How Does Accellion Help Businesses with HIPAA Security Compliance?
For businesses relying on cloud or SaaS providers, ensuring technical integrity and functionality is one of the most integral parts of compliance.
Note that when you work with any third-party software vendor, they should be openly knowledgeable in compliance and managing data in the healthcare industry. If they are going to store PHI or manage ePHI transmissions in any way for your organization, they must be an authorized Business Associate and you must enter into a Business Associate Agreement (BAA) with them to stay compliant.
The Accellion Kiteworks® platform is a HIPAA-compliant software vendor that can support your healthcare business across all important aspects of PHI security:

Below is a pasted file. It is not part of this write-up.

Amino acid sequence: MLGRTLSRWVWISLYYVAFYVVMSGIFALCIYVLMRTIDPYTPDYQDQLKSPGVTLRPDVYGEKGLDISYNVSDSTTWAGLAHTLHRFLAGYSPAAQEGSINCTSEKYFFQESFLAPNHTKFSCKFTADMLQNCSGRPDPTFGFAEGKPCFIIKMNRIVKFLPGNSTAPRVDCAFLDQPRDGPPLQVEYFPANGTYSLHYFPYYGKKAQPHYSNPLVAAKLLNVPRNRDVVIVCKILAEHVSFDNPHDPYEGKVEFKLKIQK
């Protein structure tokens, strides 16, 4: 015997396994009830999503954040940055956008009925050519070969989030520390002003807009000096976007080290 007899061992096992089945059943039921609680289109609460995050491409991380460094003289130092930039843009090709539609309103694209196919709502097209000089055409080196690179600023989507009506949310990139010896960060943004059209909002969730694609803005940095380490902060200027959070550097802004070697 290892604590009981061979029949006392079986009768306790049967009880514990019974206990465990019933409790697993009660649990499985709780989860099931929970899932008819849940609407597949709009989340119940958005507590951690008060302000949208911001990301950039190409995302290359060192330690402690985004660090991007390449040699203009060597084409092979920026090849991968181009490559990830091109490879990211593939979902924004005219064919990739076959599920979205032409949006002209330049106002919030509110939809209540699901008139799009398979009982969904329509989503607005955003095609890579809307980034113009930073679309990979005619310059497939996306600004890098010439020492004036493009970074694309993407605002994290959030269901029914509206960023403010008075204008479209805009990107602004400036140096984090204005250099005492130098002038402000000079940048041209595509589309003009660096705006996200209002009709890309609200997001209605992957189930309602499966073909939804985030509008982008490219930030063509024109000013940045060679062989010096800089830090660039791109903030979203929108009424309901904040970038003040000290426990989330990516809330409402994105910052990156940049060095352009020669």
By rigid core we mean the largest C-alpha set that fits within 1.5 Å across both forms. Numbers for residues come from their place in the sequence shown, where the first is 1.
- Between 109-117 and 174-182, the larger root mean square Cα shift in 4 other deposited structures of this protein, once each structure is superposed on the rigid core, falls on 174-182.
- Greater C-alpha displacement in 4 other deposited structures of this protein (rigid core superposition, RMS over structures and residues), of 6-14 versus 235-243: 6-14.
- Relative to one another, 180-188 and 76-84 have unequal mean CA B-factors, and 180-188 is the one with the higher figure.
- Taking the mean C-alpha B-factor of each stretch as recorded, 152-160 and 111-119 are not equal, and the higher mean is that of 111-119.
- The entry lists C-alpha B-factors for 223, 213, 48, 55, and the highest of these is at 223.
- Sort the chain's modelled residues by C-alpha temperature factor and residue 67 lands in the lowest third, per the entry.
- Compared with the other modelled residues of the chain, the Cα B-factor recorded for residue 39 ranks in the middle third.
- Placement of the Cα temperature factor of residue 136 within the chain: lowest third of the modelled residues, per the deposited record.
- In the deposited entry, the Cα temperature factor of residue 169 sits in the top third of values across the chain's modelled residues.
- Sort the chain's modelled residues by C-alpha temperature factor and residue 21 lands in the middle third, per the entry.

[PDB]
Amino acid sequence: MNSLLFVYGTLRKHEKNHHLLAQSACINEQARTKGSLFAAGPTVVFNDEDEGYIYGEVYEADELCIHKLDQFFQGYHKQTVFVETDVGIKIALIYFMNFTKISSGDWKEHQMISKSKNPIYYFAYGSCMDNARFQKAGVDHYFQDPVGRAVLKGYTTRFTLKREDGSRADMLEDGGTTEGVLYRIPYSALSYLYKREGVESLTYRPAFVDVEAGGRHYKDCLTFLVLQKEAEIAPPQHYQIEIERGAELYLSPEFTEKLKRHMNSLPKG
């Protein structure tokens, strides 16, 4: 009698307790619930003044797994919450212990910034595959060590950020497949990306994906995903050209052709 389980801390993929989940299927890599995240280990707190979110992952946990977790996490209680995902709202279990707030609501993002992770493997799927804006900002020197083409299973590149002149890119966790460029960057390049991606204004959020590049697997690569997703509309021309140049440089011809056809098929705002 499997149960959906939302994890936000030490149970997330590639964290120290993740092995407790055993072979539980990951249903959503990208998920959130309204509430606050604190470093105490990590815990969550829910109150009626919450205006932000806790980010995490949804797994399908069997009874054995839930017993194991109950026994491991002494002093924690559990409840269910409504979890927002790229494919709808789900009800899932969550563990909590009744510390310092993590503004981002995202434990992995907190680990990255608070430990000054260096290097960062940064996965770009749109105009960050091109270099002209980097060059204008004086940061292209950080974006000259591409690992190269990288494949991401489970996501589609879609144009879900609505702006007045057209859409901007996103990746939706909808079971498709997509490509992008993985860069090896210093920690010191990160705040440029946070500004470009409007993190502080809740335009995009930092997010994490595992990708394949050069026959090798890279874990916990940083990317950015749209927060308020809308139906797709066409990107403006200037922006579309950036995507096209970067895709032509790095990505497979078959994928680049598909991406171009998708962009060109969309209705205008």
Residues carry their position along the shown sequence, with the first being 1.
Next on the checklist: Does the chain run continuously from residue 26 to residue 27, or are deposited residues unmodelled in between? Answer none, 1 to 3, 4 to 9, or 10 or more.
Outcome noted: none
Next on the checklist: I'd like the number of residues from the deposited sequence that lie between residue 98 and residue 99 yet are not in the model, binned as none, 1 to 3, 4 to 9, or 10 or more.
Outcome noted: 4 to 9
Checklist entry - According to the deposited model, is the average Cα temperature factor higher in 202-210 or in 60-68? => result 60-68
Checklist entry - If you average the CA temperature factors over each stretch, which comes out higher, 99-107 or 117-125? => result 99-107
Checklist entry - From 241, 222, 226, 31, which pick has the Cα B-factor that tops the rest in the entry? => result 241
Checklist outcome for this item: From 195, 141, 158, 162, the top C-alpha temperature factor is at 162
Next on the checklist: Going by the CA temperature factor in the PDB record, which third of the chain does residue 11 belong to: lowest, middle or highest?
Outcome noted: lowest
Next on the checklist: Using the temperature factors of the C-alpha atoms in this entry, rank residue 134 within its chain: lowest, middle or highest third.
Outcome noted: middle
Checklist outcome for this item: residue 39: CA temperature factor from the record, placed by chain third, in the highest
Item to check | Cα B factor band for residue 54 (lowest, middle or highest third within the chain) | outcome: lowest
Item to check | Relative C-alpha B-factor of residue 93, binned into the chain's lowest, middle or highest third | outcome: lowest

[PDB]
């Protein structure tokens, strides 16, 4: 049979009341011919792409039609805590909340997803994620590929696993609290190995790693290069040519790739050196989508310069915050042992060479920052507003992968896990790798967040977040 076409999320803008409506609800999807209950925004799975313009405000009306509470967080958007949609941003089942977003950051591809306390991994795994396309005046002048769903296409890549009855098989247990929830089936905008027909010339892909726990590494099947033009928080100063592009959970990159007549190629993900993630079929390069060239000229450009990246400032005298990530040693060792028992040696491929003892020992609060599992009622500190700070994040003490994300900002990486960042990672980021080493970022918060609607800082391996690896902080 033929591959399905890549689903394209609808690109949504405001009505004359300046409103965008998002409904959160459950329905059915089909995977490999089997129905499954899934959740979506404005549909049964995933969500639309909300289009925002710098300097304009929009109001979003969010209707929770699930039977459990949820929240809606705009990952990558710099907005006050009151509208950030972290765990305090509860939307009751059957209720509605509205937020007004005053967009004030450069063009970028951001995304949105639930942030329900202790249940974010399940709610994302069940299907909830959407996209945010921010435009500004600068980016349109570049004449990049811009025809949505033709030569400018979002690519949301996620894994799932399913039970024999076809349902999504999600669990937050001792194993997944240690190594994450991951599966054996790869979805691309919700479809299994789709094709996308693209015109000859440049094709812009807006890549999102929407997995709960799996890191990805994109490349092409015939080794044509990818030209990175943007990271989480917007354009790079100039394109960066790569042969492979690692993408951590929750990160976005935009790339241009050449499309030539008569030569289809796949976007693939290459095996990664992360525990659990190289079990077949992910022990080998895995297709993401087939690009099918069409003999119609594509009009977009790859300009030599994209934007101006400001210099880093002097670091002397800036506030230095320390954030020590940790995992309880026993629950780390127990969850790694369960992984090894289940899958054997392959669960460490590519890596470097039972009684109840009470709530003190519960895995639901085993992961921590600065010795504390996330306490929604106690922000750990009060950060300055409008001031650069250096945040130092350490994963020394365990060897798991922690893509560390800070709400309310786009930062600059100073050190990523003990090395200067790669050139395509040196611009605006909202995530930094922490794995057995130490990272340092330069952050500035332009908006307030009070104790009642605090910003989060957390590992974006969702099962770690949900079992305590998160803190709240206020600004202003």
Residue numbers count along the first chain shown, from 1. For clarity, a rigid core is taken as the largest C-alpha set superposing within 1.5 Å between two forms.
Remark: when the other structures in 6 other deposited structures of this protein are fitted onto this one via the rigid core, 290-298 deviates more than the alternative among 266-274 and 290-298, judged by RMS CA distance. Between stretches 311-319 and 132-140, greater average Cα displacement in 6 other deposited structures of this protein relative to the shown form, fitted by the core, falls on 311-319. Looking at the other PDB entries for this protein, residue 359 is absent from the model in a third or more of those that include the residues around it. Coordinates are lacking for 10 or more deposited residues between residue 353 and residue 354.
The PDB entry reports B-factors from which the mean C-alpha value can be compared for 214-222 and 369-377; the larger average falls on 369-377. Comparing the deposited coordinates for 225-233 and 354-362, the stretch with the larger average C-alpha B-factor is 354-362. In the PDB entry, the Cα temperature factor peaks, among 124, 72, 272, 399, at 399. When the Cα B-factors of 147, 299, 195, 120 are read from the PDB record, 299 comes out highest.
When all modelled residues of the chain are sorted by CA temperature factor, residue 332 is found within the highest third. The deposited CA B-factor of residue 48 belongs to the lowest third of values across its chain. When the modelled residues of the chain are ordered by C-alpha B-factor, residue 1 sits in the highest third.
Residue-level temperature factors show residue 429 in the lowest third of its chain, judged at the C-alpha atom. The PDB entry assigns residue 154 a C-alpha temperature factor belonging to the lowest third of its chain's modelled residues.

- Compliance: This includes providing one-click reporting for audits, administrative safeguards, and data backups. You’ll also get physical safeguards certified under SOC 2 audits over AWS and Microsoft Azure platforms, or the option of deploying on your own premises or IaaS resources.
- Visibility: Document trails are critical for compliance, and the Kiteworks platform gives you the capabilities to track document access, user authentication and authorization, and layers of reporting for incident responses, risk assessment and file sharing. Your doctors, employees and patients can collaborate without compromising PHI.
- Security: Kiteworks platform technology supports enterprise-grade, HIPAA compliant measures like AES-256 encryption, TLS-1.2 and S/MIME HIPAA email encryption, and password management with multi-factor authentication.
Trust Accellion with Your HIPAA Compliance Needs
With the Kiteworks platform, you’re getting communications, email, content firewall, encryption, and more than meets requirements across the board. Take the burden of IT management off your plate and work with a partner that supports your business so you can focus on healthcare and patients.